On April 9, 2020, US Customs and Border Protection (“CBP”) issued internal guidance (available here as of April 14, 2020) (“Guidance”) to CBP Field Operations Directors on CBP’s implementation of the new temporary final rule published by the Federal Emergency Management Agency (“FEMA”) imposing export restrictions on certain personal protective equipment products (“PPE Products”) used in the response to the COVID-19 pandemic (the “FEMA Rule”).  Specifically, the Guidance describes which products and shipments are targeted by the export restrictions and which are excluded, expanding on the exemption previously outlined by FEMA. We understand that CBP, FEMA, and other relevant US government agencies are in the process of revising the Guidance and expect revised guidance to become available to the public in the next few days. In the meantime, as a practical matter, CBP ports may be using the Guidance to inform their activities in connection with the PPE Products. The exporters should bear in mind that the exclusions described below could change if and when revised CBP guidance becomes available.

Our blog post on the FEMA Rule, which was published on April 10, 2020, but effective as of filing on April 7, 2020, is available here.  The FEMA Rule implemented a Presidential Memorandum dated April 3, 2020, which is described in our blog post here.

What Does the Guidance Say?

The Guidance essentially functions as instructions to CBP on how to enforce the export restrictions set out in the FEMA Rule. By way of brief background, the FEMA Rule mandates that CBP temporarily detain exports of PPE Products at the border, pending a determination by FEMA whether to (1) return the shipment for domestic use (i.e., prohibit the export), (2) issue a rated order for part or all of the shipment that the seller would be required to prioritize, or (3) allow the export of part or all of the shipment.  Please see our prior blog post for more detailed background on the scope of the FEMA Rule, including a list of the targeted PPE Products.

Which Shipments are Excluded from the Export Restrictions?

The Guidance lists certain types of export shipments that, for now, will be excluded from the focus of CBP’s efforts:

  1. Shipments in “commercial quantities,” currently defined as shipments valued at $2,500 and containing more than 10,000 units, and
  2. Shipments that are not:
    • Exports to Canada or Mexico;
    • Exports to U.S. government entities such as U.S. military bases overseas;
    • Exports by U.S. Government agencies;
    • Exports by U.S. charities;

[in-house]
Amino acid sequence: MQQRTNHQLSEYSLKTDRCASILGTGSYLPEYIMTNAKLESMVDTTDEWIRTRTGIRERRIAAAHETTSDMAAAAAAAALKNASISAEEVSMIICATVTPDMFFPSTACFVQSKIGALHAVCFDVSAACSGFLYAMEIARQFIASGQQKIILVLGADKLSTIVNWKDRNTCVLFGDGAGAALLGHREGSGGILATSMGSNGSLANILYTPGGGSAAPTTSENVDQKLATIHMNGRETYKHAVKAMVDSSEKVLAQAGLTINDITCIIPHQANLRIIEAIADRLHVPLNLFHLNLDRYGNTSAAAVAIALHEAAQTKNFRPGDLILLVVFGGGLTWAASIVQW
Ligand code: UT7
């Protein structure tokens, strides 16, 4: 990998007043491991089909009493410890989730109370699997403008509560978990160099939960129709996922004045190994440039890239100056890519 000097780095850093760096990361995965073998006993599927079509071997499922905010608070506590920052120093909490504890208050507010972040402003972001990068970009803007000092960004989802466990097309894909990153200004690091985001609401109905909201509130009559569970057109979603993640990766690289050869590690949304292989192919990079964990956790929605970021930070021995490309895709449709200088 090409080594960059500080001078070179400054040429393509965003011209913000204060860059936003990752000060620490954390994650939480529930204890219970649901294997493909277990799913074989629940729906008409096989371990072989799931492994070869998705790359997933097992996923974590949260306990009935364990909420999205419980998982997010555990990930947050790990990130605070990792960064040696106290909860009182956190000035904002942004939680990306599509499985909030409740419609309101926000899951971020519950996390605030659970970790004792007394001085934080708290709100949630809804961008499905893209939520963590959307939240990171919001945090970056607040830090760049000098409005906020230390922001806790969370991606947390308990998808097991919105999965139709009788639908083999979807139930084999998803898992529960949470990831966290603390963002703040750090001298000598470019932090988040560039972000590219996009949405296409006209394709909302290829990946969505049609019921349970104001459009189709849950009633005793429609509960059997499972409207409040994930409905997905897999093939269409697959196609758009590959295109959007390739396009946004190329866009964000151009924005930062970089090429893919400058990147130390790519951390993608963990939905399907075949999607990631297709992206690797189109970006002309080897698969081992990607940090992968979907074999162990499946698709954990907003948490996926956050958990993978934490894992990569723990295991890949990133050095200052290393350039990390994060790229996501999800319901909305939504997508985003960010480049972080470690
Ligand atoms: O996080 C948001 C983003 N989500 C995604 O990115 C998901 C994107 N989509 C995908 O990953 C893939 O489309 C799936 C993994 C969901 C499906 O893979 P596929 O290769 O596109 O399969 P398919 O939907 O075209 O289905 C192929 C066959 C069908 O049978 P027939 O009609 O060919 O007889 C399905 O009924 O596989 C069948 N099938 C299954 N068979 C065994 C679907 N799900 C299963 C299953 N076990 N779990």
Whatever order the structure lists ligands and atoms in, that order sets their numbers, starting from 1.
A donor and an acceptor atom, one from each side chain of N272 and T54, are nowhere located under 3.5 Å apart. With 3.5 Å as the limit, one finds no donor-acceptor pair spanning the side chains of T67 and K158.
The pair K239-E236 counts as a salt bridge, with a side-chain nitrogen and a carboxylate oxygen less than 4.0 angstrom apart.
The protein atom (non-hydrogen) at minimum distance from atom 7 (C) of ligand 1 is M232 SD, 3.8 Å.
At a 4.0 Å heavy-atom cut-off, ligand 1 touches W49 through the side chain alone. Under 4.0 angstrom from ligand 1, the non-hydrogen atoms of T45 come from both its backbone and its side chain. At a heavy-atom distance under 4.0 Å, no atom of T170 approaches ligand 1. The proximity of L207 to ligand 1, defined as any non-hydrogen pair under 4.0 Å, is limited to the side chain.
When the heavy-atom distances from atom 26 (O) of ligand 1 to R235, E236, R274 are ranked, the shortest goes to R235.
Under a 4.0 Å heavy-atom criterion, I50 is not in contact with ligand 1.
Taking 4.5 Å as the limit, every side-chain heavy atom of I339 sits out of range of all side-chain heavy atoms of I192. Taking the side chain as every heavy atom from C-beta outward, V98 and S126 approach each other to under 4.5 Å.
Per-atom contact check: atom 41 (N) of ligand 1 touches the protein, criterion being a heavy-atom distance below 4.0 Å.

• Exports by critical infrastructure industries for the protection of their workers (the Guidance does not define “critical infrastructure industries,” but the Advisory Memorandum published by the U.S. Department of Homeland Security Cybersecurity & Infrastructure Security Agency on March 28, 2020 may be instructive);
    • Exports by the 3M Company;
    • Express or Mail Parcels that do not meet the commercial quantity definition above;
    • In-transit shipments.

The exclusions set out above may be revised in full or in part in the public guidance that we understand is forthcoming from CBP.

How Will CBP Identify Which Shipments Are Subject to the FEMA Rule?

In accordance with the Guidance, CBP ports will identify shipments exported in commercial quantities that do not meet any exclusions described above based on the Automated Export System (“AES”) filings.   

Currently, the ports are instructed to only detain shipments pending further instructions from FEMA. The Guidance does not clarify further details on the process that FEMA will take to reach its determinations on whether to allow the exports to proceed.

What to Expect

While public guidance on the implementation of the FEMA Rule is expected to be published by the CBP in the coming days, CBP expects its offices to exercise discretion and encourages exporters to file AES information as early as possible if it involves products covered by the FEMA Rule.

Although the Guidance sets out a series of exclusions, exporters of PPE Products should nonetheless expect detentions and resulting delays at ports across the country, pending further instructions from FEMA. The FEMA Rule does not mandate a specific time for FEMA to decide whether a particular export will be permitted, and it is not clear whether, when, or how exporters will be notified of the status of their shipment. Anyone who is considering the export of PPE Products should first consider whether any exclusions described in the Guidance may apply.  If an exclusion appears to apply, exporters should consider whether the fact that the shipment qualifies for the exclusion is clear from the face of the information and documents included in the shipment and, if not, consider including  supplemental documentation with the shipment identifying which exclusion should apply and why.  


Ms. Contini focuses her practice on export controls, trade sanctions, and anti-boycott laws. This includes advising US and multinational companies on trade compliance programs, risk assessments, licensing, review of proposed transactions and enforcement matters. Ms. Contini works regularly with companies across a wide range of industries, including the pharmaceutical/medical device, oil and gas, and nuclear sectors.


Maria helps clients keep up with trade regulations, sanctions matters and foreign investment requirements that apply to their their cross-border transactions and investments. Maria has experience advising on the international trade sanctions, export and import controls, and foreign investment reviews by the Committee on Foreign Investment in the United States.